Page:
The stock market is set to continue its winning ways in the coming week as momentum builds during earnings season.
The latest quarterly reporting period is off to a strong start, but this week will be crucial to hopes that revenue growth has returned triumphant, as opposed to earnings surprises resulting mostly from cost-cutting.
Six Dow components and some of the biggest banks are in line for scorecard reporting. This time last quarter, during the first full week after Alcoa's results, the Standard & Poor's 500 index <.SPX> rose 7 percent to close at 940.38 on Friday, July 17. It has not had a better week since, but if earnings continue the trend established by early results, investors may keep buying stocks.
There's enough room for upward movement, said Kim Caughey, senior equity research analyst at Fort Pitt Capital Group in Pittsburgh. Not another 60 percent, but still.
Expectations of economic recovery have fueled a nearly 60 percent gain in stocks since the doomsday levels of early March. On Friday, the Dow Jones industrial average <.DJI> hit a fresh 2009 closing high at 9,864.94, while the S&P 500 ended at 1,071.49 and the Nasdaq finished at 2,139.28. For the week, the Dow was up 4 percent, while both the S&P 500 and the Nasdaq advanced 4.5 percent.
But such a breathtaking rally has some analysts wondering if the stock market has too much good news priced in. Analysts' expectations are loftier this time around, removing one of the catalysts that buoyed the market in the last two periods.
This was not the case in the last two earnings reporting seasons, when the market did so well.
Despite the revisions in various sectors, earnings are expected to fall more than 25 percent compared to a year ago, according to data compiled by Thomson Reuters. Arguably, the bar is still set low, even if people have already factored this into projections.
Earnings should support the market averages where they are and maybe give a minor boost, said Fred Dickson, market strategist and director of retail research at D.A. Davidson & Co in Lake Oswego, Oregon.
BEVY OF BLUE CHIPS
Some of the big corporate names scheduled to post earnings this week are Intel Corp
Investors will be watching to see if IBM and Intel benefit from the weak dollar; the companies garner substantial revenue from overseas. IBM is expected to post earnings of $2.38 per share on revenue of $23.38 billion, while Intel is forecast to earn 27 cents a share on $9.015 billion of revenue, according to Thomson Reuters I/B/E/S data.
Goldman is one of the financial titans reporting earnings this week. The banking giant has continued to increase its profits even in tough times, so the others, particularly Bank of America, are better bellwethers for the market. Financials are projected for a 57 percent increase in earnings from the year-ago period, when Lehman Brothers imploded.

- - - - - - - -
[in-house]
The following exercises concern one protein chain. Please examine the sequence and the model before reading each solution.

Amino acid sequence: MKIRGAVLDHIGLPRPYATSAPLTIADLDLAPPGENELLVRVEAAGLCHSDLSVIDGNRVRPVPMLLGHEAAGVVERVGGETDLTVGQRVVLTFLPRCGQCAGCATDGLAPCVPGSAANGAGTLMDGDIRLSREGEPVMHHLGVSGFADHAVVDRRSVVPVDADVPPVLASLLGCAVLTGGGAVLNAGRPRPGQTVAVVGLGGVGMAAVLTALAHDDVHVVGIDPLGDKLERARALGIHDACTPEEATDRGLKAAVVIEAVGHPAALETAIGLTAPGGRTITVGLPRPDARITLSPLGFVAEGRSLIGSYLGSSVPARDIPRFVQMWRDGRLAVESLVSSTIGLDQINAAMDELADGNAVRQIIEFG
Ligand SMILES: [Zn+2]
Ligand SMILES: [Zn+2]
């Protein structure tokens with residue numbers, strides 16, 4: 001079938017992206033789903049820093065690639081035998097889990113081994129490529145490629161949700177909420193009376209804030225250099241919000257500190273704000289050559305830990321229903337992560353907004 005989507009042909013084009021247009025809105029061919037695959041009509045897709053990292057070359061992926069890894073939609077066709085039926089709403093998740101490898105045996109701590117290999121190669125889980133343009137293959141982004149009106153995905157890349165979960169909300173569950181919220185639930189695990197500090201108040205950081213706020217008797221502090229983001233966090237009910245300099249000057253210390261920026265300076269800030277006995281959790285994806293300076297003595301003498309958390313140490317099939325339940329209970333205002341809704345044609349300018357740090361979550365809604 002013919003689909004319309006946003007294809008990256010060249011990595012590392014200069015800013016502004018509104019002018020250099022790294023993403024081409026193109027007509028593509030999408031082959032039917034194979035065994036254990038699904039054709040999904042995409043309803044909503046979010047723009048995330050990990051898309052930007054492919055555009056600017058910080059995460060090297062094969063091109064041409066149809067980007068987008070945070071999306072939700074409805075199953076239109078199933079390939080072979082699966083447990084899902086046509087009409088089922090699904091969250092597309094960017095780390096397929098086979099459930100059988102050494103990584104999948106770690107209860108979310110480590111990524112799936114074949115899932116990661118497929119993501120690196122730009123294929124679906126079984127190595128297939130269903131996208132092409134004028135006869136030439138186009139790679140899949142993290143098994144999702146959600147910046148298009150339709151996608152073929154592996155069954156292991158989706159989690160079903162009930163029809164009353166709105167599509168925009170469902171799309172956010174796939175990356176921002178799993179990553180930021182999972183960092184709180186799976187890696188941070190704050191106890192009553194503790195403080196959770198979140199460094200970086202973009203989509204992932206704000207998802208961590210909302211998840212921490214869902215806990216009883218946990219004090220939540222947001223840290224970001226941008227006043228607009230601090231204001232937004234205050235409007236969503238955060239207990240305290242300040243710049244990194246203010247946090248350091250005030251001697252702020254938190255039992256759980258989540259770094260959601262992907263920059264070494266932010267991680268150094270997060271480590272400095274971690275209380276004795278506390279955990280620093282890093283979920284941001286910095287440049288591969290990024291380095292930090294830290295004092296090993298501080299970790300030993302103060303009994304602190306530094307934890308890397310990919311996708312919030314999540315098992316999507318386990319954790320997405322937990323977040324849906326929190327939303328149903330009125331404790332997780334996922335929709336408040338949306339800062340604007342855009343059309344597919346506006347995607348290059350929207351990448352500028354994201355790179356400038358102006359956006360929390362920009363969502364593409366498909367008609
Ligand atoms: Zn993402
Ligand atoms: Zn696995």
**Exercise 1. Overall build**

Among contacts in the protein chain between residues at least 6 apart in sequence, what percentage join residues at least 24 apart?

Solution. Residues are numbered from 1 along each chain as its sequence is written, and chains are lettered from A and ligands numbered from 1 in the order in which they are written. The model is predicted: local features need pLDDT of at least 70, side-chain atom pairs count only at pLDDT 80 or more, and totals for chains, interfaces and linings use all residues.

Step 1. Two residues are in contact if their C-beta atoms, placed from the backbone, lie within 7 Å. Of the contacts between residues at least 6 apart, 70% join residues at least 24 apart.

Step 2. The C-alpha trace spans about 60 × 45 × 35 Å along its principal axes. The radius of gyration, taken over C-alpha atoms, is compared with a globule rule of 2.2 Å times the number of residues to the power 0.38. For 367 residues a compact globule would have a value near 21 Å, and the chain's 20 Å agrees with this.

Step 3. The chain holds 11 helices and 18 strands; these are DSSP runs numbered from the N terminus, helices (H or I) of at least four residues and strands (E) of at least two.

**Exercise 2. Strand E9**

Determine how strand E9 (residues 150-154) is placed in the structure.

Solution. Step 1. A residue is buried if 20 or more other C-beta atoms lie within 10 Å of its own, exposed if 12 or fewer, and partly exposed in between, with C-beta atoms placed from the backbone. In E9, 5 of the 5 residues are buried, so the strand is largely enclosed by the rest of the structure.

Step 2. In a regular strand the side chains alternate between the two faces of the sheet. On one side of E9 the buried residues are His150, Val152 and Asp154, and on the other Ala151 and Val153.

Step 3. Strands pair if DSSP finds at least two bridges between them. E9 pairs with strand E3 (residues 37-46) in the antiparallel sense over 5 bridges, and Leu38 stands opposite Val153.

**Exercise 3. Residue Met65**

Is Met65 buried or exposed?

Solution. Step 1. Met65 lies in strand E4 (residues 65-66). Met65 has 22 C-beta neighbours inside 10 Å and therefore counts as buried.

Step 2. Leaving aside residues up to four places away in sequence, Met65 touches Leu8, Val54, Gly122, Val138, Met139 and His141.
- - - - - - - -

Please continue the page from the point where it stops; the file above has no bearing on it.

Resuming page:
Banks are always important, Grigoli said, and investors will be looking for signs about loan losses and how fast they are escalating -- and whether profits from banks' traditional business are able to offset those losses.
The hope is that upside surprises for banks and the broader market will come from improvement in revenues and not just cost cutting, Citigroup's chief U.S. equity strategist Tobias Levkovich said in a recent note.
WEAK DOLLAR AND TAME CPI
Another key driver for the stock market this week, as in recent ones, will be the U.S. dollar. Its weakness (both perceived and real) boosted the prices of materials, leading in turn to a jump in commodity-related stocks and sector indexes.
Key economic indicators are also on tap.
September retail sales are due on Wednesday, with an expectation for a 2.1 percent drop, according to economists polled in a Reuters survey. But data last Thursday showed same-store sales for September rose for the first time in more than a year, and the market could get an extra boost if retailers keep up the positive news.
Minutes from the Federal Open Market Committee's September meeting will be released on Wednesday at 2 p.m. (1800 GMT).
The overall Consumer Price Index for September, due on Thursday, is expected to show a 0.2 percent rise month over month and a yearly decline of 1.4 percent. Core CPI, which excludes volatile food and energy prices, is forecast to edge up 0.1 percent in September on a month-to-month basis and show a yearly gain of 1.4 percent.
Real earnings are expected to dip 0.1 percent for the month of September.
Initial claims for jobless insurance are expected at 525,000 on Thursday, roughly in line with last week's data, while continuing claims, at 6.02 million, are seen only marginally lower.
Industrial output and capacity utilization data for September are due on Friday morning, along with the preliminary reading for October on consumer sentiment from the Reuters/University of Michigan Surveys.
(Editing by Jan Paschal)